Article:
For example, the island nation of Dominica is constructing a geothermal plant that is expected to be operational by 2023 in partnership with the United Kingdom, the World Bank and Kenesjay Green LTD, a local green energy company. The plant will ensure that the country is powered by renewable energy, reducing energy costs and carbon emissions while simultaneously creating jobs.

In St Kitts and Nevis, the construction of the second cruise pier at Port Zante was financed via various local and international sources, of which US$5 million came from the country’s CBI. The pier has allowed St Kitts and Nevis to host the world’s largest cruise vessels, which has been particularly important for the tourism sector. The small but ambitious Caribbean country now has the marquee status of larger cruise destinations in the region.

The inflow of funds to the private sector have had a noticeable impact on the economic activity of island nations, in many instances improving fiscal outcomes, facilitating debt repayment, and spurring economic growth.

Research by the International Monetary Fund (IMF) found that CBI programmes are having a significant macroeconomic impact on these countries. From a country perspective, CBI contributed more than 30 per cent of GDP in St Kitts and Nevis in 2020. According to Les Khan, CBI Unit Head of St Kitts and Nevis, the Programme’s revenue was a “main driver” during lockdown when tourism was at an all-time low.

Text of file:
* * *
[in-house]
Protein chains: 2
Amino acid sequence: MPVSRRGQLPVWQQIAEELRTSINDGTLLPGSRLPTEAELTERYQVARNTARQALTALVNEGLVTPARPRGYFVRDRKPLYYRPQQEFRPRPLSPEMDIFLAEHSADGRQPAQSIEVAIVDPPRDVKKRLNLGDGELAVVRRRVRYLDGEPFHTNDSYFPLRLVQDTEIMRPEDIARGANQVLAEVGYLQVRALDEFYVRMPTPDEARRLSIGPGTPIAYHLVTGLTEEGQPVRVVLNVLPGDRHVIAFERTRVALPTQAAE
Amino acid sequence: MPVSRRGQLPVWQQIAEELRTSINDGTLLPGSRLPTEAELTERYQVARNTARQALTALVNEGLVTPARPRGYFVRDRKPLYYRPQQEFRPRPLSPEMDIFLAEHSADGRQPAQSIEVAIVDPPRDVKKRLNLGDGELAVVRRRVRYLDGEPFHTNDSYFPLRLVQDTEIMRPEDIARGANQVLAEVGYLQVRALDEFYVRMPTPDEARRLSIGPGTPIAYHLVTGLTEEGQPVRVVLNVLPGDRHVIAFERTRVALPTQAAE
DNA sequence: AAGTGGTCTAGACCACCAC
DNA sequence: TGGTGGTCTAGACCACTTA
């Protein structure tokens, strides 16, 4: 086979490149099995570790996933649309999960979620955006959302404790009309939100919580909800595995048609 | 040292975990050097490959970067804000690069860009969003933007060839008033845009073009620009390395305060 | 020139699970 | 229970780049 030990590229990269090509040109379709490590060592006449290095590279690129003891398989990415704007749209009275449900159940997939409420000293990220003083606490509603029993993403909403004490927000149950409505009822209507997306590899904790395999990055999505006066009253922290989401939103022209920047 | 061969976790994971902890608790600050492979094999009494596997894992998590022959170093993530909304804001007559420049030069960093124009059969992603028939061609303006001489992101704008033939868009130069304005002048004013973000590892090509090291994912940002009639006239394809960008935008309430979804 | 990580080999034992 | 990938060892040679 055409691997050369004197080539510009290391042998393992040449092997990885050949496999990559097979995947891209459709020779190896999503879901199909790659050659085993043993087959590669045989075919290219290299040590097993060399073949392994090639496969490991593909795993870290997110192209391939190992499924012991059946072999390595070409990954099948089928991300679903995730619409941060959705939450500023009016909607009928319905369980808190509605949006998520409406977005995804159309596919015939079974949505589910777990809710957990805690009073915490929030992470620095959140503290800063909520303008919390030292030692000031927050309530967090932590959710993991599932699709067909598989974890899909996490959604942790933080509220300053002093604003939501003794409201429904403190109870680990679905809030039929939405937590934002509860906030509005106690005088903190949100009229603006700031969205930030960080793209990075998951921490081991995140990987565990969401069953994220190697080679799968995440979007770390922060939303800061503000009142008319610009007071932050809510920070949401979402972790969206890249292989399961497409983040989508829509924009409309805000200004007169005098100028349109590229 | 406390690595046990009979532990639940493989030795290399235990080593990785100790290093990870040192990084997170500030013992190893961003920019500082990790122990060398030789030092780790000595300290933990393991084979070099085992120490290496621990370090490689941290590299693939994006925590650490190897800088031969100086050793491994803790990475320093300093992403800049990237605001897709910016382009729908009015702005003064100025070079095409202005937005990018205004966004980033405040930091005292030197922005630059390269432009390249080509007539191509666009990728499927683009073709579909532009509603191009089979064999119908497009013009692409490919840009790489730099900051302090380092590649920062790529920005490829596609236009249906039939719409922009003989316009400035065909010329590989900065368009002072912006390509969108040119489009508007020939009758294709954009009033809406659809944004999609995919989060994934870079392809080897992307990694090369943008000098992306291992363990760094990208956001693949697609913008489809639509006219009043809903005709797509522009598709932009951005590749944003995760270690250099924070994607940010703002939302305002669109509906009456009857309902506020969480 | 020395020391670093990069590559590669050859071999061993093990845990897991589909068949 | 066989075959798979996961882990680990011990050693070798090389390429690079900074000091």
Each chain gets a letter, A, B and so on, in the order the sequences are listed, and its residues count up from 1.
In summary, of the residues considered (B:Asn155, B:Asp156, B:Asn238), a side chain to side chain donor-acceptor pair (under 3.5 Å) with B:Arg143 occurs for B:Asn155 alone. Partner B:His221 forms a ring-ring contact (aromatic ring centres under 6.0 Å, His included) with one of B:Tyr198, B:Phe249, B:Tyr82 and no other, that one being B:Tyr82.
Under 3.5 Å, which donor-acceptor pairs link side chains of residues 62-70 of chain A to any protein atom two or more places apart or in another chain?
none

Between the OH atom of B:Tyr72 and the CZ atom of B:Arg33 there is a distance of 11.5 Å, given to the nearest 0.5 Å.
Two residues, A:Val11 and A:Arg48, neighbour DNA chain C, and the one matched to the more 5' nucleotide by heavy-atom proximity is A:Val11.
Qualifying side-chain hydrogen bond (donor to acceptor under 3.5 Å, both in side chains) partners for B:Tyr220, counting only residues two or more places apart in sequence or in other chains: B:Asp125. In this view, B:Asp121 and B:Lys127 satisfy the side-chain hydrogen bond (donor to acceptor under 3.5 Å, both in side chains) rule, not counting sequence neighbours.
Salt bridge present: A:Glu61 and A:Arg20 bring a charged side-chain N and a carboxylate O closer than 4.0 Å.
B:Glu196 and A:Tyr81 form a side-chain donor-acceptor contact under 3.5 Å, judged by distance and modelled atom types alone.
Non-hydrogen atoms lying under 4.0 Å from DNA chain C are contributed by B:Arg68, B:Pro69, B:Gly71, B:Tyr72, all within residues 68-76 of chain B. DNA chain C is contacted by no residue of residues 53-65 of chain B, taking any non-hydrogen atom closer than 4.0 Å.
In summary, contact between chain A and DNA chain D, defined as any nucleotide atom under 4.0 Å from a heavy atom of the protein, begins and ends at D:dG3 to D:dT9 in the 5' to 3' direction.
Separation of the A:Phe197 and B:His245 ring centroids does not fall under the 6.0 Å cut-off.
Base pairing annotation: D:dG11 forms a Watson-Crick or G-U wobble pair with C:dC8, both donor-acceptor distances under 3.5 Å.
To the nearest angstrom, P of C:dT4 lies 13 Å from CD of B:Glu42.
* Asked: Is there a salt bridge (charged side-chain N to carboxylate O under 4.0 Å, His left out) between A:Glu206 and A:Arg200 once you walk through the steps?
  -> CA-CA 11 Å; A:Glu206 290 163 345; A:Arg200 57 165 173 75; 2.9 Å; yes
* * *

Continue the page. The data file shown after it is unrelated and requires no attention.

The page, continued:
While in Dominica, the IMF noted that the “strong growth” in the construction sector was “financed with record-high CBI revenue of 30 per cent of GDP” in 2021.

In 2017, CBI accounted for 20 per cent of the GDP in Antigua and Barbuda – showing that inflows from CBI programmes are making a major difference in the performance of government of smaller countries.

Taking a deeper dive into some notable CBI programmes in the region, St Kitts and Nevis established their CBI Programme in 1984 and is the longest-running in the world.

Being the first of its kind, the Programme is also one of the most reputable and has become known as the ‘Platinum Standard’ brand in the industry. After over three decades, the twin-island nation continues to be a popular option for investors and their families due to its longevity and commitment to due diligence processes.

The country scored a respectable score of 66.8 points out of 100 in the overall rankings in the WCR, the highest of all the Caribbean CBI nations. It reached top marks in the Safety and Security, Quality of Life and Global Mobility motivators.

Dominica’s CBI Programme was launched in 1993 and has been ranked as the number one CBI initiative for five consecutive years in the CBI Index, published by the Financial Times’ Professional Wealth Management magazine. The nation is politically and economically stable, with a low crime rate and rich investment opportunities.

Known as the Nature Isle, Dominica placed in the 52nd spot, achieving high marks for Safety and Security, Quality of Life and Global Mobility motivators.